MRI showing a tear in the Anterior Cruciate Ligament (ACL)
of the Knee. The ACL runs in a horizontal curve between
the femur and tibia bones
MRI scan showing a complete tear of
the Quardiceps tendon
Ligaments and Tendons, Sprains and Strains
Firstly, let’s make a simple distinction between ligaments and tendons and also between sprains and strains; in both cases many people tend to confuse the two or speak of them as if they are interchangeable. There are similarities in that both ligaments and tendons are made up of chains of fibrous cells called ‘collagens’ (or connective tissue) that are produced by proteins stored in the body. Ligaments and tendons have very different functions:-
Ligaments: Attach bone to bone and are made up of connective tissue, in this case the collagen fibres consist of interlocking or criss-cross bands. Ligaments serve to stabilise, strengthen and support the bone joints. A sprain is an injury, ranging from a simple stretch to a complete tear, of a ligament. (Image 1).
Tendons: Attach muscle to bone and occasionally structures such as the eyeball. Tendons are made up of parallel collagen fibres which provide more elasticity because a tendon allows movement of the muscle or structure. A strain is an injury, ranging from a simple stretch to a complete tear, in a tendon or in the muscle-tendon anatomy. (Image 2).
Ligament Injuries (Sprains)
Firstly, we will discuss ligament tears. There are four main ligaments that connect and stabilize the structure of the knee joint. These are as follows:-
- Anterior Cruciate Liagament (ACL). This is the major ligament of the knee and it has a very important stablilizing function. This ligament connects the femur to the tibia at the front or anterior of the knee and prevents the tibia from rotating or sliding forward during exercise.
- The posterior Cruciate ligament (PCL). This is the second major ligament of the knee and is situated directly behind the Anterior Cruciate Ligament (ACL) and connects the femur to the tibia at the back or posterior of the knee. This ligament serves to prevent the tibia rotating or sliding backwards during movement or exercise.
- The Medial Collateral Ligament (MCL). This is located on the inner side of the knee joint or medially and connects the femur to the fibula, the smaller bone of the lower leg. This ligament aids with side to side stability of the knee joint.
- The Lateral Collateral Ligament (LCL). This ligament also connects the femur to the fibula and is located on the outer side of the knee joint, or laterally.&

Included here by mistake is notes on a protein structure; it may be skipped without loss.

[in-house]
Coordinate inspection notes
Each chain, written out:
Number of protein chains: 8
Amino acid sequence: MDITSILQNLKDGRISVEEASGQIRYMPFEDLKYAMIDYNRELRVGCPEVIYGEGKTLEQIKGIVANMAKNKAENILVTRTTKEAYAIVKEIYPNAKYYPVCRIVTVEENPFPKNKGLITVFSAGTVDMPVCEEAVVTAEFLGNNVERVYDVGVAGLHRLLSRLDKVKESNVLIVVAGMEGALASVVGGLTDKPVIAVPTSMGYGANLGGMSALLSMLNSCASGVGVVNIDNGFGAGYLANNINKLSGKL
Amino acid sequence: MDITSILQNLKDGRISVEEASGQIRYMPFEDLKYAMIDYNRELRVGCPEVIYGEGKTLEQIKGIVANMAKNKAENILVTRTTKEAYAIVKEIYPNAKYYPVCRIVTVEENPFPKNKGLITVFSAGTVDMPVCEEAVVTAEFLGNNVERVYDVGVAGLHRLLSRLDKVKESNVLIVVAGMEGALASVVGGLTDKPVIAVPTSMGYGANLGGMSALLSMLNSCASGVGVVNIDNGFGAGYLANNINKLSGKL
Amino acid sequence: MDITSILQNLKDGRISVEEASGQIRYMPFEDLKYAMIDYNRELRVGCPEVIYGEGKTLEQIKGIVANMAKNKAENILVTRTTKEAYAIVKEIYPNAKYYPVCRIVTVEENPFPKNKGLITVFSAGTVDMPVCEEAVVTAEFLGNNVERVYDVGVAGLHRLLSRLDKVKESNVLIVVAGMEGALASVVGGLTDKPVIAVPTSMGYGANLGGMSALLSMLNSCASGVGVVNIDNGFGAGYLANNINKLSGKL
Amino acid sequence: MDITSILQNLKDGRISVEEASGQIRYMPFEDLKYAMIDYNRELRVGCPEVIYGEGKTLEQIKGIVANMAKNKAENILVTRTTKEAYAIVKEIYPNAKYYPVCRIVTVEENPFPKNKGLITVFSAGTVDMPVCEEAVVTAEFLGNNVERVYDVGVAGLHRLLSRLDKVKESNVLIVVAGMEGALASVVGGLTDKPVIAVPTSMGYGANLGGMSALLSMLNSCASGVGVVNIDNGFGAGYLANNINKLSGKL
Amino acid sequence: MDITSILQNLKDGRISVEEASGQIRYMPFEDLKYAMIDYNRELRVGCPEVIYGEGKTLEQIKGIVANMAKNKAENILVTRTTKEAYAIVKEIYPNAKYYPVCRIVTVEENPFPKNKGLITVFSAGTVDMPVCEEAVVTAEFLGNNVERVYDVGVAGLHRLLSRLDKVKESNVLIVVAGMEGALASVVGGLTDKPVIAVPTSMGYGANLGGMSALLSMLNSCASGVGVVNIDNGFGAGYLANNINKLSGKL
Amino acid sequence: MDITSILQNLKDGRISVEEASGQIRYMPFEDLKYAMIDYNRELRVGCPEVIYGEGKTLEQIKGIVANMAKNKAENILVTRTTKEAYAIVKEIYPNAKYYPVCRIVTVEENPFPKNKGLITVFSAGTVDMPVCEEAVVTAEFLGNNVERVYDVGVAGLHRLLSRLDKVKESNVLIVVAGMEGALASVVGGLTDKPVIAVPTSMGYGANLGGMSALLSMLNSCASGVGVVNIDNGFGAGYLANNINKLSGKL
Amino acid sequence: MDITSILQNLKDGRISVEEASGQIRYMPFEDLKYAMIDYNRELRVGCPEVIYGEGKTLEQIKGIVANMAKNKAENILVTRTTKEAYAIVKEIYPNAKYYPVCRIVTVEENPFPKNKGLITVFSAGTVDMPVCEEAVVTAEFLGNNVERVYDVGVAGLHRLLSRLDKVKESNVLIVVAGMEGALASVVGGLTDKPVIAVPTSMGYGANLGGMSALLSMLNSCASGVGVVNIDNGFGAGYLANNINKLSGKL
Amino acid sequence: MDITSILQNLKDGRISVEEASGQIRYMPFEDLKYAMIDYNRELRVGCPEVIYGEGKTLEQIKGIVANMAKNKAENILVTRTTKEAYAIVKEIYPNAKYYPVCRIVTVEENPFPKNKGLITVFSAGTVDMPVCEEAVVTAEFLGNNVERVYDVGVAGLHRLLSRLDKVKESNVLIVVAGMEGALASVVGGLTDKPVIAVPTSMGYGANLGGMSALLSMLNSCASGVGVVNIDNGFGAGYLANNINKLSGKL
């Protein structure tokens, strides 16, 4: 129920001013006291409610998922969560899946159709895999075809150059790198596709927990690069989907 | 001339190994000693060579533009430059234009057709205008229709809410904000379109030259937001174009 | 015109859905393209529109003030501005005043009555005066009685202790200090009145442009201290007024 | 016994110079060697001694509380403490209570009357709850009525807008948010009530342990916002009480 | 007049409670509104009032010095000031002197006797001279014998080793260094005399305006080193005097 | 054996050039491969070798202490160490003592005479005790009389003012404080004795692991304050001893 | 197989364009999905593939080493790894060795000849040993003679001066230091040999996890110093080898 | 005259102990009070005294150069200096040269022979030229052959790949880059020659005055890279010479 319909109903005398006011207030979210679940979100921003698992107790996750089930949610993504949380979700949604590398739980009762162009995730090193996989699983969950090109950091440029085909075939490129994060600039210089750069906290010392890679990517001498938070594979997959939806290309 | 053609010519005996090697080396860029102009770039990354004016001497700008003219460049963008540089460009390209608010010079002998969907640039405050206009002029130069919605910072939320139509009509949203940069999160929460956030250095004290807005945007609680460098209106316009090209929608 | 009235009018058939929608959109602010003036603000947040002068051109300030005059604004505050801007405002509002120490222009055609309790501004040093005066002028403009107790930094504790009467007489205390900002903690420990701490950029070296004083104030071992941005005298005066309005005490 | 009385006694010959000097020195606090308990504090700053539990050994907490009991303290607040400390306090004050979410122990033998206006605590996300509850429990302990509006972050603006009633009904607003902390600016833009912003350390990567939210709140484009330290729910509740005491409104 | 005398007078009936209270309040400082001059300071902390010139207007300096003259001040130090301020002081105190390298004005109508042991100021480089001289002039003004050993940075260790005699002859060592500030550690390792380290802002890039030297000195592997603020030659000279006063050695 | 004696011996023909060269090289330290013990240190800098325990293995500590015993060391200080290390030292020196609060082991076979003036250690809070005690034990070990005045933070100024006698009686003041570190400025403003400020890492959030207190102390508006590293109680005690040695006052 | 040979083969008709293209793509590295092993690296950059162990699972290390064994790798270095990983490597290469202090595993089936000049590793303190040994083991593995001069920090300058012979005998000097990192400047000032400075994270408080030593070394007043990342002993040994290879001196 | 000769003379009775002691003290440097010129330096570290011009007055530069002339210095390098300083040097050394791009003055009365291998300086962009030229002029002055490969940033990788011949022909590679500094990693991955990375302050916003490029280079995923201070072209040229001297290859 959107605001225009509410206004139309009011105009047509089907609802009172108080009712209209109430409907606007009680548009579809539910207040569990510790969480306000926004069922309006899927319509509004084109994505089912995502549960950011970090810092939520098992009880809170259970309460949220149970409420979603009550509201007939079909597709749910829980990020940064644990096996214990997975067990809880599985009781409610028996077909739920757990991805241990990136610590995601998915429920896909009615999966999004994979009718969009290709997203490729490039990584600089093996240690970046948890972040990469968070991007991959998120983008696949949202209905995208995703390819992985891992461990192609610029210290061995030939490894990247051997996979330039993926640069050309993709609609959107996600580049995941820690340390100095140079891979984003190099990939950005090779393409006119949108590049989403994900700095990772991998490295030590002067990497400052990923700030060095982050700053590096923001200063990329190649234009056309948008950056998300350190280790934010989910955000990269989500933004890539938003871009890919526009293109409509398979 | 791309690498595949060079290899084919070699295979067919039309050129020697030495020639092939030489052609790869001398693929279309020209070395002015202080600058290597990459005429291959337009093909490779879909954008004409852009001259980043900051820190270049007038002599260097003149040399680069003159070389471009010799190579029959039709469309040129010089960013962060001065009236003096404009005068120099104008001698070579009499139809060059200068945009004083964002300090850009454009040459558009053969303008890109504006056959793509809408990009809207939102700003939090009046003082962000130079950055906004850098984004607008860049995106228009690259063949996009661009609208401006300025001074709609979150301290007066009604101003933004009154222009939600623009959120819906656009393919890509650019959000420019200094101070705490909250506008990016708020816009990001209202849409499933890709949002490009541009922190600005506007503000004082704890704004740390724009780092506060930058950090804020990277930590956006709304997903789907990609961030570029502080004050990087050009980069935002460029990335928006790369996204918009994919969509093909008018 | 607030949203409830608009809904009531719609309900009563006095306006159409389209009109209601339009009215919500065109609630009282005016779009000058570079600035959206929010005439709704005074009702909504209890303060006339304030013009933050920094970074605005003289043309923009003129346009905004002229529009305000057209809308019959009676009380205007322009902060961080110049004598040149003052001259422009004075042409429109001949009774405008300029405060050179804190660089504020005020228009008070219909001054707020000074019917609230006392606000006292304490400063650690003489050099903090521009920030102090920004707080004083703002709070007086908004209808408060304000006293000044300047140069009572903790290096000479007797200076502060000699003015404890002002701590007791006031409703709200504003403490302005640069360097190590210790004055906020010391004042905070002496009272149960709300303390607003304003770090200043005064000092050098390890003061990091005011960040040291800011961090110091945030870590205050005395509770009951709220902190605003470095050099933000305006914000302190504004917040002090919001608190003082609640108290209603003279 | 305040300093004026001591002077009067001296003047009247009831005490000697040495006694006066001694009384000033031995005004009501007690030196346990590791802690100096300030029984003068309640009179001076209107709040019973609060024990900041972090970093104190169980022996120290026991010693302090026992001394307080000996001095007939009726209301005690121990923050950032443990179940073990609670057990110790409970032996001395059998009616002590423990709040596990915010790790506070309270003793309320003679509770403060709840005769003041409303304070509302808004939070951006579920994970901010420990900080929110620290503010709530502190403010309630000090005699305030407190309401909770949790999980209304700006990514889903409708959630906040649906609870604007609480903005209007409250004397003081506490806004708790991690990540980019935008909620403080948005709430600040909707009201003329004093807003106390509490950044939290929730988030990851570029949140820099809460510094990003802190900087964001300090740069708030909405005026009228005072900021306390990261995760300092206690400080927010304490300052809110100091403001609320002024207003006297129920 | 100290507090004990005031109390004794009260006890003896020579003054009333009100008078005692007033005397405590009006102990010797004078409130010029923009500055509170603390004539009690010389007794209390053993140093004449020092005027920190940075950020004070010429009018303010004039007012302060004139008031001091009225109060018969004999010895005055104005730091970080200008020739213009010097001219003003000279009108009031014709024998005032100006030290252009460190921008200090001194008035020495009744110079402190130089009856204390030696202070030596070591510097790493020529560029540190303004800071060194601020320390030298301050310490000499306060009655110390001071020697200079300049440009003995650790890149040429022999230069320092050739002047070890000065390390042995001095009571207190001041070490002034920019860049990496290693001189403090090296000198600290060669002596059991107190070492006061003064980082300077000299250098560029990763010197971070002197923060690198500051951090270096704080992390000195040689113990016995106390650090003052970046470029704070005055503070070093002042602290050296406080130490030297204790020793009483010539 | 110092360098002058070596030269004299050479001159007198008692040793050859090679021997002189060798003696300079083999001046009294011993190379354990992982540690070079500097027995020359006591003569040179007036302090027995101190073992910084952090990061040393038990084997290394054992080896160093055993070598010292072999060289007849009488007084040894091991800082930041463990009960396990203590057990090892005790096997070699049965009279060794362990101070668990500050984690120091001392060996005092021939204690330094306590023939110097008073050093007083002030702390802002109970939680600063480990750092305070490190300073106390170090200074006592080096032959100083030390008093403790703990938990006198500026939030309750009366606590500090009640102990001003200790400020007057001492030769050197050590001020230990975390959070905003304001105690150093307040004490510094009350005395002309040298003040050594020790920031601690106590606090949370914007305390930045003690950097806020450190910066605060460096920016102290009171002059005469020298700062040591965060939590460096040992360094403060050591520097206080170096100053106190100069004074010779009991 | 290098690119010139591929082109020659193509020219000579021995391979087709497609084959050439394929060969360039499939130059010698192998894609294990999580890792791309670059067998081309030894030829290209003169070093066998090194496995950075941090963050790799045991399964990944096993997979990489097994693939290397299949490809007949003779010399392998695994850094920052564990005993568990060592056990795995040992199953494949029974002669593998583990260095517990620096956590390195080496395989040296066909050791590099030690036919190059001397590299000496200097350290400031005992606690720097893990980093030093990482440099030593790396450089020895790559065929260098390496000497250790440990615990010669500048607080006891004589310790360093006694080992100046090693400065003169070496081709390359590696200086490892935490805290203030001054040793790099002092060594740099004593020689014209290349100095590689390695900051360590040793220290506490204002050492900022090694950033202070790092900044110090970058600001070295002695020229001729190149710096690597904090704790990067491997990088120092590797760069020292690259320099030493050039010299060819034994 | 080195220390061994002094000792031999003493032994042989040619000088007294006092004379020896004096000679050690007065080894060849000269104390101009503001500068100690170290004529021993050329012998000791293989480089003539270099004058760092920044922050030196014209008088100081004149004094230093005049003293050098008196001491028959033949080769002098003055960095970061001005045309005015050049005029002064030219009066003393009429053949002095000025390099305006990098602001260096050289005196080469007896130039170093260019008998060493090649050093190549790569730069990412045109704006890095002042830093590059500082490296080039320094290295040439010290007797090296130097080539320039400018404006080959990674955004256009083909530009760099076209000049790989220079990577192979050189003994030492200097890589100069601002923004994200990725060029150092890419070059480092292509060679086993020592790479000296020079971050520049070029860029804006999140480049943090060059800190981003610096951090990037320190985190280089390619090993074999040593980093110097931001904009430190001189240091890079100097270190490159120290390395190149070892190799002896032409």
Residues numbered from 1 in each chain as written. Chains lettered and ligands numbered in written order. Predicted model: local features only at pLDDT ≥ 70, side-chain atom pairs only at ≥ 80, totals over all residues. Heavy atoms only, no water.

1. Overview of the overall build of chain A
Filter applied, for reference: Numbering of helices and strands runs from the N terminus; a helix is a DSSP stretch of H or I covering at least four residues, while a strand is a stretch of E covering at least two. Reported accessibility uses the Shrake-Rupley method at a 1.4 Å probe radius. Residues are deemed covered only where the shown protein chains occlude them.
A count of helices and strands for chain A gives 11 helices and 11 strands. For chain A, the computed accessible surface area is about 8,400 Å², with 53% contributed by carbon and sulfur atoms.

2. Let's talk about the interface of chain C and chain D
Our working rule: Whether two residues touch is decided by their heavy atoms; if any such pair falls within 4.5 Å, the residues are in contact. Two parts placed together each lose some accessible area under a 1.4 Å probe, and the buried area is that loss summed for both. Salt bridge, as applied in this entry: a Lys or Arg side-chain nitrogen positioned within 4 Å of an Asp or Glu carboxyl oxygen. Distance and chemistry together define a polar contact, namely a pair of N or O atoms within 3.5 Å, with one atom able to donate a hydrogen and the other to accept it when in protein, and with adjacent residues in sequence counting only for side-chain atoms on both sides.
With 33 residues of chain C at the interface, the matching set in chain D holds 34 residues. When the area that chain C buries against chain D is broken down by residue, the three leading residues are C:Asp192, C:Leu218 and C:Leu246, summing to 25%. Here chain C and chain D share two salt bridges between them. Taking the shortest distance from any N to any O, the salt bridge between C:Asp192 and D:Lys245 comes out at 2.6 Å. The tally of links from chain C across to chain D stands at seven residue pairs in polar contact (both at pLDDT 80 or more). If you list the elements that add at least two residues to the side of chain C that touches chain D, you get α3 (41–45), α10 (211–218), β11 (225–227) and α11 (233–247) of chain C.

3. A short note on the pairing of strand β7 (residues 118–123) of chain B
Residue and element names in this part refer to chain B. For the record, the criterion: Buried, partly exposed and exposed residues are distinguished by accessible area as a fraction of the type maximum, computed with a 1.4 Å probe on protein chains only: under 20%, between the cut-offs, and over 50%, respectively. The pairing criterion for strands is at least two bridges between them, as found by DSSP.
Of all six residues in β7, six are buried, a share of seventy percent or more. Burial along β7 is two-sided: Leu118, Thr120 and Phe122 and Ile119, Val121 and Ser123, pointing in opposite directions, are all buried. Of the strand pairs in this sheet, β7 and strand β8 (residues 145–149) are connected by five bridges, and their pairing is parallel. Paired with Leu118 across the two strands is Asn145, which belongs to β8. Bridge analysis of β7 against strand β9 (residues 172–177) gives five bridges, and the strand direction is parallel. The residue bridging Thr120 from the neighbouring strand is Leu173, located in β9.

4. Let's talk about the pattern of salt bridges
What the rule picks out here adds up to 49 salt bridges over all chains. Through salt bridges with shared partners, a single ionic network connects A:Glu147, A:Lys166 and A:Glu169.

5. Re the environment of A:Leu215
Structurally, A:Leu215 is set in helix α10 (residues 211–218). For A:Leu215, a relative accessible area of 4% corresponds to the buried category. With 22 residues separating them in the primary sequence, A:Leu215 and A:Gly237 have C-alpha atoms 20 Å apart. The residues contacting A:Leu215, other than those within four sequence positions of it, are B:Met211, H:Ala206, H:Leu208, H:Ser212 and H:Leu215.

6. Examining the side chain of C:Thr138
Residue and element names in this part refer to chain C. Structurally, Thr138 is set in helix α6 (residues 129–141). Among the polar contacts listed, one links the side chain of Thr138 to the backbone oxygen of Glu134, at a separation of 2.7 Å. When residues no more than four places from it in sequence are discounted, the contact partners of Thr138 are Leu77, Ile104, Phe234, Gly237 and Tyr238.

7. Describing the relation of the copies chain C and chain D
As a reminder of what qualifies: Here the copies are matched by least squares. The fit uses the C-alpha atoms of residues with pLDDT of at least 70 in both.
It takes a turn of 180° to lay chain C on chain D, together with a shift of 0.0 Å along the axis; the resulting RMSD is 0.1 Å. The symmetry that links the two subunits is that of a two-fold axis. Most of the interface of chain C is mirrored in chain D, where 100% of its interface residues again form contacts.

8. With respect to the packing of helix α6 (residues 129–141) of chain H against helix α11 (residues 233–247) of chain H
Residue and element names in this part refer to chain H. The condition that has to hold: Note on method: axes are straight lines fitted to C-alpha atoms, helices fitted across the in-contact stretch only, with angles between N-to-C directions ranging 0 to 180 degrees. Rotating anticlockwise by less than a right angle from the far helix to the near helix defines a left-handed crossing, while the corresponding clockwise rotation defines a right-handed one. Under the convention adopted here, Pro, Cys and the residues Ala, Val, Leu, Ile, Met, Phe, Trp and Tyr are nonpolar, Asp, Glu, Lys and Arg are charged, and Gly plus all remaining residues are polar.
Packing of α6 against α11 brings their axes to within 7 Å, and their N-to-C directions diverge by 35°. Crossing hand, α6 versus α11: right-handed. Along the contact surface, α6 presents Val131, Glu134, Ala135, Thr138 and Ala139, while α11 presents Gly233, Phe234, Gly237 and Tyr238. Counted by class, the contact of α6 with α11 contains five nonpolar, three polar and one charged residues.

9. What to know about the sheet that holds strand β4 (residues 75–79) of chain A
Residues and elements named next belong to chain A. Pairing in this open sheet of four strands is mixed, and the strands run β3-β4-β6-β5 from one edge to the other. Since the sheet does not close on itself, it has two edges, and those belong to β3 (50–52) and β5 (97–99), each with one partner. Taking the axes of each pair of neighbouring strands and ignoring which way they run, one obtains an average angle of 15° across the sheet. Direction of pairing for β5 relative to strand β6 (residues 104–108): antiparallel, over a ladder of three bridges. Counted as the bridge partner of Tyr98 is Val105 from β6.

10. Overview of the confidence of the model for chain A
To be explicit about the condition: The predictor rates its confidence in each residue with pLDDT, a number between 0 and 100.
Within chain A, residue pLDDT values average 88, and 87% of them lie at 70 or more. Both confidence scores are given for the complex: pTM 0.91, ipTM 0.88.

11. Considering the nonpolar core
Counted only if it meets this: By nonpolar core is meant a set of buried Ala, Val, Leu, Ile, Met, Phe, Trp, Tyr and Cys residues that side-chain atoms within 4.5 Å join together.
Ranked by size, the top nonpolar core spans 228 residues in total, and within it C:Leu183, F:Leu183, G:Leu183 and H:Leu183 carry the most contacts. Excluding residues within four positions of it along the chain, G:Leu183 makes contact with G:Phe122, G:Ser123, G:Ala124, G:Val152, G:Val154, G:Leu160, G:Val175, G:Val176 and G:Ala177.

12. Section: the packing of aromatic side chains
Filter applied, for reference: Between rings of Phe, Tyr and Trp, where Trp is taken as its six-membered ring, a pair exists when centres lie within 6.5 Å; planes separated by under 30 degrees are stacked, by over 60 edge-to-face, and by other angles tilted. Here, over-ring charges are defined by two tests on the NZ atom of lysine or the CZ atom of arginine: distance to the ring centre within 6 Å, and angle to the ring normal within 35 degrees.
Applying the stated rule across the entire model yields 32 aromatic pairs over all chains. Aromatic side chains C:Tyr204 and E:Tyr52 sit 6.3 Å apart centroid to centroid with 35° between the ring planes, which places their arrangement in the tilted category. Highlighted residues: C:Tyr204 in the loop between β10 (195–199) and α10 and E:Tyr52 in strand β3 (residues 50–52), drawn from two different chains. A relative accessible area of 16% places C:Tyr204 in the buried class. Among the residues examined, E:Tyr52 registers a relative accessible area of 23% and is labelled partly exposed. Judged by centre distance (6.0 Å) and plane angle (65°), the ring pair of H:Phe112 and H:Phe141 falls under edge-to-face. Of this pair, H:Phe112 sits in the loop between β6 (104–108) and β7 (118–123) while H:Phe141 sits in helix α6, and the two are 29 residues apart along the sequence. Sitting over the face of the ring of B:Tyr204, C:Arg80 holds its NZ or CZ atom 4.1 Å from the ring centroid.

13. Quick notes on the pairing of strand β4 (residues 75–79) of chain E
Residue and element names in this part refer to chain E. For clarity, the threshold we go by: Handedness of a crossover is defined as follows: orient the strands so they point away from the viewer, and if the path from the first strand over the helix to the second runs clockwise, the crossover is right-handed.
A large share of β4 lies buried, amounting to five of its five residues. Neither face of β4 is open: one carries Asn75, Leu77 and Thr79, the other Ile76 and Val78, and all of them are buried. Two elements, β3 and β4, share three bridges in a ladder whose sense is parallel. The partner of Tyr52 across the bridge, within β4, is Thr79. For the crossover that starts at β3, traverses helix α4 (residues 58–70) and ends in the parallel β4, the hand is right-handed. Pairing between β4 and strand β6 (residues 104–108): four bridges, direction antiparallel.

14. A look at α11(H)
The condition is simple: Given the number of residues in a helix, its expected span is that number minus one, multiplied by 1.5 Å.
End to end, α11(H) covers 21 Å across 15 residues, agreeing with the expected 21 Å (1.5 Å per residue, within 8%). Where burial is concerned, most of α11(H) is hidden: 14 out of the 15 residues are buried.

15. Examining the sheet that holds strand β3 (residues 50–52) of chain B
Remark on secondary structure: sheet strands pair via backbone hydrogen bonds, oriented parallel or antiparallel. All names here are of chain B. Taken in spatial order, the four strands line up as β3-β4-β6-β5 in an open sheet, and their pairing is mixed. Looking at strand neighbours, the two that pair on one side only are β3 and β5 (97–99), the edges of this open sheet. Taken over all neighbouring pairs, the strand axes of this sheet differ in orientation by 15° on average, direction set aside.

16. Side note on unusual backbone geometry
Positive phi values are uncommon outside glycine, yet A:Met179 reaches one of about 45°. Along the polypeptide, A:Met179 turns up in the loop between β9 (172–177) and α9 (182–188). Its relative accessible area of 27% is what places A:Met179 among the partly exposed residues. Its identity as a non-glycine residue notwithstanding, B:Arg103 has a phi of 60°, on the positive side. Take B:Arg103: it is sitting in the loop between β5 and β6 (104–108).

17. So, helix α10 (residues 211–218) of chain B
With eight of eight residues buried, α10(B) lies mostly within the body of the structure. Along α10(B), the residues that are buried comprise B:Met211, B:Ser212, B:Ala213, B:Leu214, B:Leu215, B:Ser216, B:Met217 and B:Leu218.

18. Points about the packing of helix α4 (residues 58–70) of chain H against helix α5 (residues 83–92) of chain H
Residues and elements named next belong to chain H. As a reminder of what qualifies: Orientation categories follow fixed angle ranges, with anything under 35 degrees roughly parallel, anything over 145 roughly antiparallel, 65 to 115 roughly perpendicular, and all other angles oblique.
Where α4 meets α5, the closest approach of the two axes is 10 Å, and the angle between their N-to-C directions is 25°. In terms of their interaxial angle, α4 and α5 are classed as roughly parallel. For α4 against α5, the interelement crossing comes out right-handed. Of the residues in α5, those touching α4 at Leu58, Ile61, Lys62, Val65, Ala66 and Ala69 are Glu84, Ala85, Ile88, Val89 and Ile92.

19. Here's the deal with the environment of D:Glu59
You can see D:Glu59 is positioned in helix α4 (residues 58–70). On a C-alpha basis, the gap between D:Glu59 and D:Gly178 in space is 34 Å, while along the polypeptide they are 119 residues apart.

MRI scans have enabled ligament and tendon injuries to be much more easily diagnosed and treated. There is a general grading system for ligament damage as evaluated by MRI scan:-
- Grade I: A Mild sprain sometimes with a microscopic tear or minimal damage, such as stretching of the ligament fibres and no instability of the knee joint.
- Grade II: A Moderate Sprain with a partial tear of the ligament and some looseness or instability of the joint.
- Grade III: A Severe Sprain with a complete tear or rupture of the ligament and significant instability or buckling of the knee.
MRI scan of the knee showing
Anterior Cruciate Liagament (ACL) tear Grade II
MRI scan of the knee showing
Anterior Cruciate Liagament (ACL) tear Grade III
Tendon Injuries (Strains)
The two large muscle groups involved in the movement of the knee joint are the quadriceps, which are the muscles at the front of the thigh, and the hamstrings, the muscles at the back. These groups of muscle cross the kneecap (or patella) and are attached to the tibia by tendons. The two major tendons in the knee are:-
- The quadriceps tendon connects the quadriceps muscles to the patella or kneecap.
- The patellar tendon Confusingly the patellar ligament connects the patella to the tibia which makes it a ligament.The classifications of injury to the tendons are the same grading system as seen above for ligaments.
Treatment for Ligament and tendon injuries of the knee
In the case of soft tissue injuries such as sprains, strains and bruises the classic advice has always been, and often still is, R.I.C.E. This is an acronym to explain immediate action to take after an injury to a joint. (1) .
Rest: Take all weight off the damaged knee and rest
Ice: Apply an ice pack or bag of frozen peas to reduce inflammation
Compression: Gentle compression applied to the painful area.
Elevation: Lift the leg and place on a pillow or chair.
However, there is evidence supported by Dr. Mirkins, who invented the acronym R.I.C.E, that this recommended treatment for sports injuries may not be beneficial to healing(2)
In more serious injuries a splint or brace may be necessary to stabilise the joint whilst the ligaments or tendons heal. In the most severe cases surgery may be advisable.
- 1. ‘Sports Medicine Book’ by Dr. Gabes Mirkin 1978
- 2. http://drmirkin.com/fitness/why-ice-delays-recovery.html